Let’s start with a few facts:

  • Hashimoto’s disease is an autoimmune disease, not a thyroid disease. It’s the immune system’s inability to recognize itself and the tissues / organs it’s sworn to protect.
  • It affects up to 10% of the US population
  • 90% of cases of hypothyroidism are a result of Hashimoto’s.
  • 50% of those with Hashimoto’s will develop other autoimmune conditions in 5-7 years
  • The women to men ratio of Hashimoto’s is 10:1
  • There are no medications to lower the TPO antibodies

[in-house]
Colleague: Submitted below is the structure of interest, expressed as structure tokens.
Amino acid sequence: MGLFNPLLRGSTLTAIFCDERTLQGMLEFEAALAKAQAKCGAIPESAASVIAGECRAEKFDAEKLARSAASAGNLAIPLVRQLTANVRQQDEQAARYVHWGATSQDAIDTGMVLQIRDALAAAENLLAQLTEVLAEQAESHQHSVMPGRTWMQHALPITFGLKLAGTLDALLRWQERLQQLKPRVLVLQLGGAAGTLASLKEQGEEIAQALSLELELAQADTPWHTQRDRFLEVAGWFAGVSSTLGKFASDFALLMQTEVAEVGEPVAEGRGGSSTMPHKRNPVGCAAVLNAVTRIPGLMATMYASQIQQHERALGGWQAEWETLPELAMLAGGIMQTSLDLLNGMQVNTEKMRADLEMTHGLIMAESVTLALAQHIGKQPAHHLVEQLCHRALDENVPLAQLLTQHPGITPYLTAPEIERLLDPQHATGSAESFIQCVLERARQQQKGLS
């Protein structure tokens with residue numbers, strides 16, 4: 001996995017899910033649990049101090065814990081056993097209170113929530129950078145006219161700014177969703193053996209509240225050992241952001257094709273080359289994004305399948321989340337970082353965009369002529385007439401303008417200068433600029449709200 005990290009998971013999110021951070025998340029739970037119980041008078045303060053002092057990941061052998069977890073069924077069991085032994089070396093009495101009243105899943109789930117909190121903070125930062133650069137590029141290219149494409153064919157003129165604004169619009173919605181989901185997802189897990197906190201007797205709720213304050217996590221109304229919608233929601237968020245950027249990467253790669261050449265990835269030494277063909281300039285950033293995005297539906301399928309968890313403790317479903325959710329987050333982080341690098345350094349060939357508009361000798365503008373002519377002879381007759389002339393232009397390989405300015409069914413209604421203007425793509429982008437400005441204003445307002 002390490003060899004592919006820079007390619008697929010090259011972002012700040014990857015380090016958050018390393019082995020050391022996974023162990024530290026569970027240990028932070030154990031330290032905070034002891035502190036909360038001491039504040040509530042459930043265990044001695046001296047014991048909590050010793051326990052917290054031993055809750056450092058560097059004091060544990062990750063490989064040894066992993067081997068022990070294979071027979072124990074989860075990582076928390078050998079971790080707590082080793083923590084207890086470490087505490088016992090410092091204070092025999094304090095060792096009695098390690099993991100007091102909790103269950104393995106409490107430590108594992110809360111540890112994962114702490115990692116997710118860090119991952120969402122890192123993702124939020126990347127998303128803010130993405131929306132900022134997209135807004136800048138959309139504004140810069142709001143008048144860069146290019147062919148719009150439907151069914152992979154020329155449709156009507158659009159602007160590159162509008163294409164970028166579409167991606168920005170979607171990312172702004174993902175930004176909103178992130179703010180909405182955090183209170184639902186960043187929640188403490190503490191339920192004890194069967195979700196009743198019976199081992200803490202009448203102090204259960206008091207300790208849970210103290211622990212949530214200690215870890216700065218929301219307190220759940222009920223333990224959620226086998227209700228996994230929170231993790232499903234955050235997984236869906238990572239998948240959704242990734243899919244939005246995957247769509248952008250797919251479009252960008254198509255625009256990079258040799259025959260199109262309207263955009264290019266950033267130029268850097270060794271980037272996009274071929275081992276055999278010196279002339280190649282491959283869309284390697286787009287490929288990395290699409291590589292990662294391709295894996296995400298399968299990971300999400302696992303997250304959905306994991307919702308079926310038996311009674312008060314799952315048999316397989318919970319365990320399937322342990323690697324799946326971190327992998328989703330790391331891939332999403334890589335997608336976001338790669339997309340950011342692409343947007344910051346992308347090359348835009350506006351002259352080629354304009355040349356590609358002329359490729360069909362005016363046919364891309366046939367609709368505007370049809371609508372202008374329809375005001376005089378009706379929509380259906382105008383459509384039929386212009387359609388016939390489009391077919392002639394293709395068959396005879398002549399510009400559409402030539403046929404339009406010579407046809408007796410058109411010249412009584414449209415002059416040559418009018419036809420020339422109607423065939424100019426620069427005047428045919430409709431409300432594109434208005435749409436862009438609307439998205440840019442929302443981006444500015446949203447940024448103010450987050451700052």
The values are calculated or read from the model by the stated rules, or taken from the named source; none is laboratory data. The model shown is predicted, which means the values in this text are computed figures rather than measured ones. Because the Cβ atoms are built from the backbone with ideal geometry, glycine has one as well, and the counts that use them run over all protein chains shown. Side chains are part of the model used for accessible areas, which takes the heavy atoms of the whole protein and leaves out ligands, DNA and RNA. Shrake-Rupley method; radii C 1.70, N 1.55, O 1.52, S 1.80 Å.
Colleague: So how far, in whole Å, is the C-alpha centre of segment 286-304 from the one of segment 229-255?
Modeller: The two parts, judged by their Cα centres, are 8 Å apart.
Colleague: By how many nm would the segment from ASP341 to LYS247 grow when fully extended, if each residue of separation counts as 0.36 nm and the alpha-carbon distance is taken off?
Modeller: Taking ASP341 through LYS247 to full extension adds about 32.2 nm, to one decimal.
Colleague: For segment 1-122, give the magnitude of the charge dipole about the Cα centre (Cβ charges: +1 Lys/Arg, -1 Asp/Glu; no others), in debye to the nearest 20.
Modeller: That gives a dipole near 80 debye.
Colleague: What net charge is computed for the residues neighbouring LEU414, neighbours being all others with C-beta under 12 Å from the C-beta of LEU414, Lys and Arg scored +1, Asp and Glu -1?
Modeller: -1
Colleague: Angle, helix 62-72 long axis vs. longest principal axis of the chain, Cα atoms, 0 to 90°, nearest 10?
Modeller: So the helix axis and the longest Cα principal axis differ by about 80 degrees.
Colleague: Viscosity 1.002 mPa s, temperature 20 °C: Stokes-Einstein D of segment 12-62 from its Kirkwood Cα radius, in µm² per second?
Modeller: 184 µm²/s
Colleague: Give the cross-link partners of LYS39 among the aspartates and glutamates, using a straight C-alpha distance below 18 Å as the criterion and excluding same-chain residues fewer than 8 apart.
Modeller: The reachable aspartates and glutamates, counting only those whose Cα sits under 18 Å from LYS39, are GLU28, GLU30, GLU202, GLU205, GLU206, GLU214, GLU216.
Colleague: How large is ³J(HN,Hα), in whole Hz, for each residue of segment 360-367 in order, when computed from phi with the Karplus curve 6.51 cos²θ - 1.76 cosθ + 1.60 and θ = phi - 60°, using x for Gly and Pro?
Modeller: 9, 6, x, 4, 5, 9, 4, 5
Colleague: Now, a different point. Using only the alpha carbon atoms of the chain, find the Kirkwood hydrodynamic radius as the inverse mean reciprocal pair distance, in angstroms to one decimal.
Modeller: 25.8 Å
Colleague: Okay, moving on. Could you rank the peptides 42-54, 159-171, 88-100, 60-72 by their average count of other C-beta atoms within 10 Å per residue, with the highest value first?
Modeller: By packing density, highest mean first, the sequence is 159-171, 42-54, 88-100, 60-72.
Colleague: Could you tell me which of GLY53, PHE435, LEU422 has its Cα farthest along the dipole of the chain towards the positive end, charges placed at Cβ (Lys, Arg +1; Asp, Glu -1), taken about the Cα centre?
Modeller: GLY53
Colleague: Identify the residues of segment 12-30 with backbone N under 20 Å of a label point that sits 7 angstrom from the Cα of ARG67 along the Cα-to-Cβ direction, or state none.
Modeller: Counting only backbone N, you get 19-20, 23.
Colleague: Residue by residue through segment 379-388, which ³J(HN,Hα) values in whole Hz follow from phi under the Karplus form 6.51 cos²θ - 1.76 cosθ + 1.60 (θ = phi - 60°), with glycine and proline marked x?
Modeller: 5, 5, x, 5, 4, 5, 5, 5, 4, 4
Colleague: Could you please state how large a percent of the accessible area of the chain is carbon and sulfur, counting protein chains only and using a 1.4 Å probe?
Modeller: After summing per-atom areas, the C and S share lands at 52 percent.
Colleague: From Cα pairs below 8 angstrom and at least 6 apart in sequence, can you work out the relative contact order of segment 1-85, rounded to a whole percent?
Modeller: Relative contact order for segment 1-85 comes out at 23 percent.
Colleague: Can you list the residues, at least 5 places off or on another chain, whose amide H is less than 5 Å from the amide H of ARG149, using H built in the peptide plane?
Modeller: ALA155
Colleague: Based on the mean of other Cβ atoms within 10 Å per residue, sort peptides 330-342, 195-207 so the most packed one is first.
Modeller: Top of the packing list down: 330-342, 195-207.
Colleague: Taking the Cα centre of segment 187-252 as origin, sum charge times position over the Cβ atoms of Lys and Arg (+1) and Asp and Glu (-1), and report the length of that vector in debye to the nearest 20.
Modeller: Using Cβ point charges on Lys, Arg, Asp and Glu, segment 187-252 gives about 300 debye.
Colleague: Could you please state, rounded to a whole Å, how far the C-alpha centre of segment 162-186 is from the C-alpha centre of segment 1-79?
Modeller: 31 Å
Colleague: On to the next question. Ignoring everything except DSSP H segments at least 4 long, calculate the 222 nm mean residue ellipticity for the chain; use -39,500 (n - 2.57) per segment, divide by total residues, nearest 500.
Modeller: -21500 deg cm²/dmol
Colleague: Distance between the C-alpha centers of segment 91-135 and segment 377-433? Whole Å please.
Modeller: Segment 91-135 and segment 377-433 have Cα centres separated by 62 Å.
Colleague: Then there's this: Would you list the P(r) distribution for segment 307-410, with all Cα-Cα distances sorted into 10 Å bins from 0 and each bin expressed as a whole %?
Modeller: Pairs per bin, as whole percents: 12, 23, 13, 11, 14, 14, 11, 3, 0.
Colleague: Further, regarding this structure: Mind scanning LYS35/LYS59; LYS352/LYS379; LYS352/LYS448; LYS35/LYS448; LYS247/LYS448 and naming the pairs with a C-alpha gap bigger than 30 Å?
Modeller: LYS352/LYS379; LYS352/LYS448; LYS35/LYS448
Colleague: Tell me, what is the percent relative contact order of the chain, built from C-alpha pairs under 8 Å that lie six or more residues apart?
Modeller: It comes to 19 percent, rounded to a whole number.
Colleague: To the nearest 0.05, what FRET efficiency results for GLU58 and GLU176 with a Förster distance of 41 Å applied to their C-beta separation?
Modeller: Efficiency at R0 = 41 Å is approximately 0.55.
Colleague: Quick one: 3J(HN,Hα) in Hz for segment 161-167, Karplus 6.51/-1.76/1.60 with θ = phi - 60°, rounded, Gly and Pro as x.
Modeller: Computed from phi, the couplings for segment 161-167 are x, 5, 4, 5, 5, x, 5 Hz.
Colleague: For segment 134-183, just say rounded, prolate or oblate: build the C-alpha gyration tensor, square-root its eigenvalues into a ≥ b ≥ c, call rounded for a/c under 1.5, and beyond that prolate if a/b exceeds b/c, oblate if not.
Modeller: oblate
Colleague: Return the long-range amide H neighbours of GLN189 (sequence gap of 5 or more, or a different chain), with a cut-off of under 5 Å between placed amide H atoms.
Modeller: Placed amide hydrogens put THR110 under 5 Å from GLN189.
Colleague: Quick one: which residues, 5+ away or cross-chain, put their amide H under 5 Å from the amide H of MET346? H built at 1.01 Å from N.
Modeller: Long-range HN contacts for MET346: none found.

We started seeing a new doctor this year and as part of their new patient exam for adults, they do a full blood work up. My blood revealed that my thyroid peroxidase was at 236 (normal range is <9 IU/ML) and my thyroglobulin AB at was 26 (normal range <4 IU/ML). And that was it. Those two little lines on my labs resulted in, “You have Hashimoto’s disease.” My TSH, T4, and T3 (thyroid hormones) were all within the normal range, which means my thyroid is trying to go about its daily work while being relentlessly attacked by my immune system. (Thanks, buddy. I appreciate you.) Because my levels are normal at the moment, I don’t need and can’t use replacement thyroid hormones.